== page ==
“Today is going to be the best day of my life!”
Those words, uttered by my 16 year-old self, echoed the excitement that many south Floridians felt on April 4th, 2012. After 19 seasons of playing baseball in a football stadium extremely susceptible to excruciating heat and lengthy rain delays, the Marlins were moving into a state-of-the-art facility they could finally call their own.
Regardless of the rumors surrounding how the stadium was being financed, baseball was truly capturing the attention of the region for the first time since 2003. To go along with the new digs, the team was also getting bold new uniforms, a bold new manager in Ozzie Guillen, and $194 million in new players. Expectations were definitely high.
After warm-up games against the University of Miami and the New York Yankees, Opening Day was here, and Marlins Park was ready to shine on the biggest stage against the defending World Series champions, the St. Louis Cardinals.
The pregame ceremonies certainly gave those in attendance mixed feelings. Firstly, the starting lineup was escorted onto the field by dancers in flamboyant carnival-esque outfits; certainly flashy and consistent with the Latin culture of Little Havana, and the crowd really got into it. There was also a video on the jumbotron documenting the entire history of the franchise (to which I nearly cried).
Then, the late boxing legend Muhammad Ali was driven onto the field in a golf cart to throw out the ceremonial first pitch, and onlookers in the stands went silent. Ali, whose health had rapidly deteriorated away from the prying eyes of the media, was not the right choice to take part in one of baseball’s oldest traditions, as his presence temporarily made the whole event a somber affair when the excitement was just about to reach a crescendo.
A flyover during a moving rendition of the national anthem by José Feliciano just about got the fans back into the spirit of the occasion, but one cannot help but think that Charlie Hough, who threw the first pitch in franchise history (a called strike against the Dodgers on April 5th, 1993) for the Marlins, would have been a more relevant and appropriate choice to throw out the ceremonial first pitch in Miami’s brand new home for baseball.
Once the game got started, things quieted down in the stands once again after a raucous round of applause in response to a first pitch strike by Josh Johnson. The Cardinals scored two runs in the top of the first, and added another in the second. Meanwhile, the Marlins were yet to record a hit.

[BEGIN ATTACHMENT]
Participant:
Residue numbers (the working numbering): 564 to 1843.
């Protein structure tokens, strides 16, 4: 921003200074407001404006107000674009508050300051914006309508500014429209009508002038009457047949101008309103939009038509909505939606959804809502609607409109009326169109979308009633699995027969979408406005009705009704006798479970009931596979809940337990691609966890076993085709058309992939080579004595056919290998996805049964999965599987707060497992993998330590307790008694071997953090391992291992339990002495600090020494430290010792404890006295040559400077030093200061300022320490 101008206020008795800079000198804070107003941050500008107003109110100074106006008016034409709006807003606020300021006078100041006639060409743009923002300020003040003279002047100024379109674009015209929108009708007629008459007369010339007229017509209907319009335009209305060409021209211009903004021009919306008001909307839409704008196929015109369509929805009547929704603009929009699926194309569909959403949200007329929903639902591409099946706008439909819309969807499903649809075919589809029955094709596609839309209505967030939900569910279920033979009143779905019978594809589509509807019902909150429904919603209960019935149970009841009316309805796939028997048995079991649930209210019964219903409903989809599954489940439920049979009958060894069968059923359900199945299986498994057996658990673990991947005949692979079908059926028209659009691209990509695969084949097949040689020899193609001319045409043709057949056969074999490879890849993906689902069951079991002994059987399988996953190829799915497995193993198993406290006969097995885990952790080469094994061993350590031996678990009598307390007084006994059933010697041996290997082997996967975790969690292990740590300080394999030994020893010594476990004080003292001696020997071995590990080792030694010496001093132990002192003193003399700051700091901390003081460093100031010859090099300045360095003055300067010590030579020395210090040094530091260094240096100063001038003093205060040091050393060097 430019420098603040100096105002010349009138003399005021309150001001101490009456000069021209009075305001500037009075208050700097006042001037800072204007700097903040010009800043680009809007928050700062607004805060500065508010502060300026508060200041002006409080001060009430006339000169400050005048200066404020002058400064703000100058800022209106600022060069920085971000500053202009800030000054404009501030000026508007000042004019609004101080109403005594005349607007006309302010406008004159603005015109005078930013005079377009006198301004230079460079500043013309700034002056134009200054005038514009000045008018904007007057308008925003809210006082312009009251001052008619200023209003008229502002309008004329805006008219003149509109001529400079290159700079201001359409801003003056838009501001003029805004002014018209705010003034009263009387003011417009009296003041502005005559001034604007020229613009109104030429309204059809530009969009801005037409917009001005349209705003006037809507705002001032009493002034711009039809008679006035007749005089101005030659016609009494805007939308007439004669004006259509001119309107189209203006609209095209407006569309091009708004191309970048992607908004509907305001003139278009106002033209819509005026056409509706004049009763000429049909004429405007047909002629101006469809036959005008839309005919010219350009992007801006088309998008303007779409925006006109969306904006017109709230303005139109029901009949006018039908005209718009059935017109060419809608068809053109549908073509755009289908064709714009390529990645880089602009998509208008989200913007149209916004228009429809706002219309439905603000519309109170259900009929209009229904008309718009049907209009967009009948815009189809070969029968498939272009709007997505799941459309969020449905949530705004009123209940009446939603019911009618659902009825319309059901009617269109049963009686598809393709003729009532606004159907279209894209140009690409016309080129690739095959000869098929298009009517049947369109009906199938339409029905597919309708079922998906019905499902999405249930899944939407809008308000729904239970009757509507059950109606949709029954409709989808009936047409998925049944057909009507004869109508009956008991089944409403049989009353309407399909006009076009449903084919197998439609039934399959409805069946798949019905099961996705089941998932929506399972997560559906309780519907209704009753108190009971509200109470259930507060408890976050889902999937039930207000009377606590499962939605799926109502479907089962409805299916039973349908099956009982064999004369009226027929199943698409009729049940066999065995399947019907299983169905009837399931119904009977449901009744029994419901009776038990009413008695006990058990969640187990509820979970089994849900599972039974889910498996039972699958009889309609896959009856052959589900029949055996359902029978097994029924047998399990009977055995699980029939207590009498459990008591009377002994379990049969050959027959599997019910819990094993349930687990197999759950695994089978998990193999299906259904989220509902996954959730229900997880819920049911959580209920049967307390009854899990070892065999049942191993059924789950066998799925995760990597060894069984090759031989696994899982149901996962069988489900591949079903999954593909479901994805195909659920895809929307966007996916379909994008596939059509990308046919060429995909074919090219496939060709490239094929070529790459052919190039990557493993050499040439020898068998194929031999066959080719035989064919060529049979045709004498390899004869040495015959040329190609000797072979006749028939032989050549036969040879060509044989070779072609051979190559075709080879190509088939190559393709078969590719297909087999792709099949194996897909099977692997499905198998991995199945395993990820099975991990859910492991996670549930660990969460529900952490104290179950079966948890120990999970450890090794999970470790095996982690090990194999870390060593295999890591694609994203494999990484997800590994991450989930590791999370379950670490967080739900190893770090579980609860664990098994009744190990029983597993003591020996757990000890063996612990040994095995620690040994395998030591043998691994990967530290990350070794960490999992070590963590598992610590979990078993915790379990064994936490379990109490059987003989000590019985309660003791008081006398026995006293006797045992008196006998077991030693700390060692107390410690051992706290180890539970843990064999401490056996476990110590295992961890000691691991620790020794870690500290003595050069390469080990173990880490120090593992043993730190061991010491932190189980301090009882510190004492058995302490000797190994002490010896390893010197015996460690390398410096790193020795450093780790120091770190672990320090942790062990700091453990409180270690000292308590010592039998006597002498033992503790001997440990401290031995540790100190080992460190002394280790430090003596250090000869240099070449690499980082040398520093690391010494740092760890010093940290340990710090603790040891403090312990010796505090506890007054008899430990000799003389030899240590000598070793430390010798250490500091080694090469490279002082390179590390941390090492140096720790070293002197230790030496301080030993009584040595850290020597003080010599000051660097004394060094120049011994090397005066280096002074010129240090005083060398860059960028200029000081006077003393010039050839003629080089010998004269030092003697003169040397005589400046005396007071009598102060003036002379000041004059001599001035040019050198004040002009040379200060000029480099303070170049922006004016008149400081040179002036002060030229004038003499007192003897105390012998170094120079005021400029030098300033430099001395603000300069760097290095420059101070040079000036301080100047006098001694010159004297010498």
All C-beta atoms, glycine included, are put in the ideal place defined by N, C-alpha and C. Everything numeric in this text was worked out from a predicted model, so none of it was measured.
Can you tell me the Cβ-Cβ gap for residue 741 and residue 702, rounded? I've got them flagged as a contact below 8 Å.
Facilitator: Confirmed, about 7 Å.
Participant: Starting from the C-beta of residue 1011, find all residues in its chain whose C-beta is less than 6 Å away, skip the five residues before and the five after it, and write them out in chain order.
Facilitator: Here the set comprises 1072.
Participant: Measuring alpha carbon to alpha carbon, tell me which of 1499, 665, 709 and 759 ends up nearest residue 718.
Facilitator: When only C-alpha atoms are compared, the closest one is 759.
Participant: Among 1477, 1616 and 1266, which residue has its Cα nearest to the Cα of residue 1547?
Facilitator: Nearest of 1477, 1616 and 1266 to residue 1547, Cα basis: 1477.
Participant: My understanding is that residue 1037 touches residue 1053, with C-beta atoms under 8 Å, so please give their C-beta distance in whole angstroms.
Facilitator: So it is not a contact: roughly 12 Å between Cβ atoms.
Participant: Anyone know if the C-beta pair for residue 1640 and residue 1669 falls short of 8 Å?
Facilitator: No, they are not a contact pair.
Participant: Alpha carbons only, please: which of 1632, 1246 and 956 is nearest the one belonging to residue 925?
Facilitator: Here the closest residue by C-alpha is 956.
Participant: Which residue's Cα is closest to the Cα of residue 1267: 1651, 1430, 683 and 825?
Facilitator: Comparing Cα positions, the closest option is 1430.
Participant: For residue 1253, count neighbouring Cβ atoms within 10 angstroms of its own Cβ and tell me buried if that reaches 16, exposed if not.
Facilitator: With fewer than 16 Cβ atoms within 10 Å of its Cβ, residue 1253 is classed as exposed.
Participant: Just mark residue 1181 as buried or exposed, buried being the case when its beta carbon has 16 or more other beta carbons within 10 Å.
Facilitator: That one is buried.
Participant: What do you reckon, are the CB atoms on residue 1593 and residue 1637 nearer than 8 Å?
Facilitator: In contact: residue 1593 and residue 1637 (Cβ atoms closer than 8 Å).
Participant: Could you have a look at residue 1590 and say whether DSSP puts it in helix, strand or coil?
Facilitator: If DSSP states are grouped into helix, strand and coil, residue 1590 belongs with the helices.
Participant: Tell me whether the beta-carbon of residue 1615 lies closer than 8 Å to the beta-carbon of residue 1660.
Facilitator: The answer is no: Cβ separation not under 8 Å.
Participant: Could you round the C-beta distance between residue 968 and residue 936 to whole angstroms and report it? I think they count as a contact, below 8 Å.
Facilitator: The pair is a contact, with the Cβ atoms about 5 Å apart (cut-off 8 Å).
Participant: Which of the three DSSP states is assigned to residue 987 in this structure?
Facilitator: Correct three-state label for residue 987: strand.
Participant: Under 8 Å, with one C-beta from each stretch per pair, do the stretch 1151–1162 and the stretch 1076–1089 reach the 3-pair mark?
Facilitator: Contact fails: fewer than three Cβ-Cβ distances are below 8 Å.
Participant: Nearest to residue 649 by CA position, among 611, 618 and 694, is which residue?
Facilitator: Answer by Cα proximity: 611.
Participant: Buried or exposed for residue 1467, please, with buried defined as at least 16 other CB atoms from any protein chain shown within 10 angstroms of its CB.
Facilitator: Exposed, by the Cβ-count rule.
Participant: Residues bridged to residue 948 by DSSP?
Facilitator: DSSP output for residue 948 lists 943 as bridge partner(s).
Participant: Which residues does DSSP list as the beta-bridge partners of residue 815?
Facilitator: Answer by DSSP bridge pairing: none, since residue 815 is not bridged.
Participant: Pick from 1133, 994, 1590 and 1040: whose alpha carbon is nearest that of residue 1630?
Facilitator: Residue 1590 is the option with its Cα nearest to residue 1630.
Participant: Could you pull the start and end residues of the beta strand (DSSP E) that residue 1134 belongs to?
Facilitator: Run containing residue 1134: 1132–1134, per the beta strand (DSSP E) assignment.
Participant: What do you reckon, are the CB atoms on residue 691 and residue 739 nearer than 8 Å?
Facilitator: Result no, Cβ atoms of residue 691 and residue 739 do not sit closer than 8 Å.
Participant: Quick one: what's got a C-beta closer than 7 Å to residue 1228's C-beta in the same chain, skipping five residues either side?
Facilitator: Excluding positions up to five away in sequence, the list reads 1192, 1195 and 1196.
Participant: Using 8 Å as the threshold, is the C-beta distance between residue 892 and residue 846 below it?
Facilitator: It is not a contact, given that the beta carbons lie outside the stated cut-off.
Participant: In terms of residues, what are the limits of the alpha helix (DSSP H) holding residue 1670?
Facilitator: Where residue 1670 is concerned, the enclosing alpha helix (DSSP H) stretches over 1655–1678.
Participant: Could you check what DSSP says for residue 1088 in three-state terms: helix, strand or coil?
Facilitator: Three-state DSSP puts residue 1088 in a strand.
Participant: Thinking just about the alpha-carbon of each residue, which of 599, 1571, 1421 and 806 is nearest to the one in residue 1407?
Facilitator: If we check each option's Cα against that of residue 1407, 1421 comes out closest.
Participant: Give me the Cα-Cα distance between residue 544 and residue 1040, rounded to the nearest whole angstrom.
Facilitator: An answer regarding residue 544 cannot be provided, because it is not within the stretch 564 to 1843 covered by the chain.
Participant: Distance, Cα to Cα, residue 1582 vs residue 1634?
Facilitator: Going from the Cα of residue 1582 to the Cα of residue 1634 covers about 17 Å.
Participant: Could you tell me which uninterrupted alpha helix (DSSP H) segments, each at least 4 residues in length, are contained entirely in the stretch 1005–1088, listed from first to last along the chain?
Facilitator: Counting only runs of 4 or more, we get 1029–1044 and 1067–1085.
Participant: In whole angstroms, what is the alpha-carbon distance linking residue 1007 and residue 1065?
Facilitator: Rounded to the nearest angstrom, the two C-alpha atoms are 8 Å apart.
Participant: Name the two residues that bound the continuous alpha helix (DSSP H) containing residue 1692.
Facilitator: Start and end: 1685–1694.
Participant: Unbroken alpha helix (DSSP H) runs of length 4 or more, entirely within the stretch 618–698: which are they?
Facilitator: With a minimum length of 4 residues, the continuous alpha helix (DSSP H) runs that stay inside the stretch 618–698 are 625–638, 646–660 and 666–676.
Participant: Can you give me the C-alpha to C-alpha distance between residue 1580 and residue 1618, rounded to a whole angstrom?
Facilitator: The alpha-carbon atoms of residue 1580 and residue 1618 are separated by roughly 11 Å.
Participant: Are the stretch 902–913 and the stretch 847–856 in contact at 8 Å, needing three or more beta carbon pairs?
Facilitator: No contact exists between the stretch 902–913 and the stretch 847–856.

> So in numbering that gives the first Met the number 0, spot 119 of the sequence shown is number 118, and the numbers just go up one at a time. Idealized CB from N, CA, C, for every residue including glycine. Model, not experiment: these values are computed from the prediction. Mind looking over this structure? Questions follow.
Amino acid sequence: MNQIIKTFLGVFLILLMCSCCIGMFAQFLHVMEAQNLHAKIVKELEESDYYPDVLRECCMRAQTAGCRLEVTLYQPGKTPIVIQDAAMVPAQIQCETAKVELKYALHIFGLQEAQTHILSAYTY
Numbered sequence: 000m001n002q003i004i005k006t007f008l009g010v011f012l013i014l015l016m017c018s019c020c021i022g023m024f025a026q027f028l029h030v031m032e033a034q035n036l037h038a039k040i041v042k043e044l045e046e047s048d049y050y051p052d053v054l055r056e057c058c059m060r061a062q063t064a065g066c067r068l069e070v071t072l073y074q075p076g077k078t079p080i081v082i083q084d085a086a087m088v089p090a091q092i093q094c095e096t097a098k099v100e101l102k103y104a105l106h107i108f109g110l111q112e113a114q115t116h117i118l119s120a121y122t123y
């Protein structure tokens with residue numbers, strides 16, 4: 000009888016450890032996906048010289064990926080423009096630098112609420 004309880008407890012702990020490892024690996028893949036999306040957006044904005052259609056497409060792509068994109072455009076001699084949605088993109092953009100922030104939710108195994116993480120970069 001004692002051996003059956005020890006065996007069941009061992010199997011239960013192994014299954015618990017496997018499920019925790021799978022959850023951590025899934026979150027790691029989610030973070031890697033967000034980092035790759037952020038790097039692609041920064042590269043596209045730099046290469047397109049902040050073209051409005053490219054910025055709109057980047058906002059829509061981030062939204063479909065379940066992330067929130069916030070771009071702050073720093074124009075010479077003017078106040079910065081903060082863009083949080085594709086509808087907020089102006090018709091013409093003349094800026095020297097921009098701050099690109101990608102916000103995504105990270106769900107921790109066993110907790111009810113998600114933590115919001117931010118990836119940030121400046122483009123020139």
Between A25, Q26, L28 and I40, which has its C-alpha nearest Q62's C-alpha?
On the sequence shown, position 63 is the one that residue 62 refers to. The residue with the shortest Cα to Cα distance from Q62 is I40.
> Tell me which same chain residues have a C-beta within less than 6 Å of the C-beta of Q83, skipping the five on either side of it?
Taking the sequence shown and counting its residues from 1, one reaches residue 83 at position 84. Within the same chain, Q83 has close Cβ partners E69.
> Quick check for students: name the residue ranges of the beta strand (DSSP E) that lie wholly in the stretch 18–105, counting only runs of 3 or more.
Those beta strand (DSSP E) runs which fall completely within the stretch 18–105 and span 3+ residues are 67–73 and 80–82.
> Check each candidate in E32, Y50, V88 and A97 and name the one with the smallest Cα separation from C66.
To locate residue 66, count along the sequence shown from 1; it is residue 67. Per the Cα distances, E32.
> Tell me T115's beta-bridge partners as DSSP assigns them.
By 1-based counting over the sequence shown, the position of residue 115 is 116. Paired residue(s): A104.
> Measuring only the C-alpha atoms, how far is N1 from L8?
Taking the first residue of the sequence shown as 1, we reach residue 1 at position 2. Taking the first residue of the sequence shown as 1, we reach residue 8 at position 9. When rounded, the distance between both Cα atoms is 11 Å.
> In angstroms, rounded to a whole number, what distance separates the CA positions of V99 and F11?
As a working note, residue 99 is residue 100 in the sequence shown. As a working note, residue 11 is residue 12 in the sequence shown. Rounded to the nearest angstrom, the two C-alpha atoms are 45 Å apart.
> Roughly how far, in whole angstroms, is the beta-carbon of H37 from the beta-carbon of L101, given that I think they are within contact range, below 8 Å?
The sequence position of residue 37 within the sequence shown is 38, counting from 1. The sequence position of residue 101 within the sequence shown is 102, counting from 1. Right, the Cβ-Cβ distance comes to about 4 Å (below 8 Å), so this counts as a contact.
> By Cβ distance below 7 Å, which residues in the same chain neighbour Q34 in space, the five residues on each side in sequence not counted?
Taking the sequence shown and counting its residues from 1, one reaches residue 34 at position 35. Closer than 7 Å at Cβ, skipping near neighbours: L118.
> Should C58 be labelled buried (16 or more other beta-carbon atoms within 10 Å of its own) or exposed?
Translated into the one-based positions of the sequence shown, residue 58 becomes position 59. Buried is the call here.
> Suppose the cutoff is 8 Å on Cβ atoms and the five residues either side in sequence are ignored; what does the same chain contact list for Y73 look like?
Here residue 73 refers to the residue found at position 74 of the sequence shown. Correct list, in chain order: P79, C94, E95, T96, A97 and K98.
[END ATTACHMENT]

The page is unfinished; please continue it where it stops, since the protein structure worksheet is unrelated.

As the innings went by, the crowd became restless. The fourth, fifth, and sixth innings passed; still no Marlins hit off of Kyle Lohse. Boos started to ring out as batter after batter went down, and I remember hearing “this is the same old Marlins” from those sat around me in section 225 (yes, I kept my ticket).
José Reyes came up to the plate in the bottom of the seventh, and for one sweet second as the barrel of his bat sent the ball lining through the right side of the infield, Marlins Park was overcome with joy and those in attendance rose to their feet to officially welcome in a new era of baseball to the city of Miami.
The Cardinals would go on to win 4-1, bitterly disappointing the home crowd. The rest of the season didn’t go to plan either, and we all know what happened to the roster after the season drew to a close. Of the Opening Day roster who took to the field in the inaugural game at Marlins Park, only Giancarlo Stanton remains.
Since moving to the luxurious Marlins Park, the Marlins have not reached the playoffs, or even finish a season with a winning record. Besides the spending spree before the 2012 season, the team has never gone out to get the best available players to put themselves in a position to truly compete and, as a result, Marlins Park is regularly half-empty.
Only one man was able to bring that same level of excitement and joy, as was present during the lead-up to the inaugural game, to Marlins Park on a regular basis over the past few years and, sadly, he has passed on. However, José Fernández’s name will forever be a part of this great stadium’s history, and a permanent monument will soon mark his legacy.
The first five years of Marlins Park haven’t been great in terms of results for the franchise, which overshadows just how memorable April 4th, 2012 was. I have never been prouder to be a Marlins follower than I was five years ago today when looking up and down the stands and seeing a crowd of over 36,000 cheering in support of their team, my team, in their new home.
Happy birthday Marlins Park!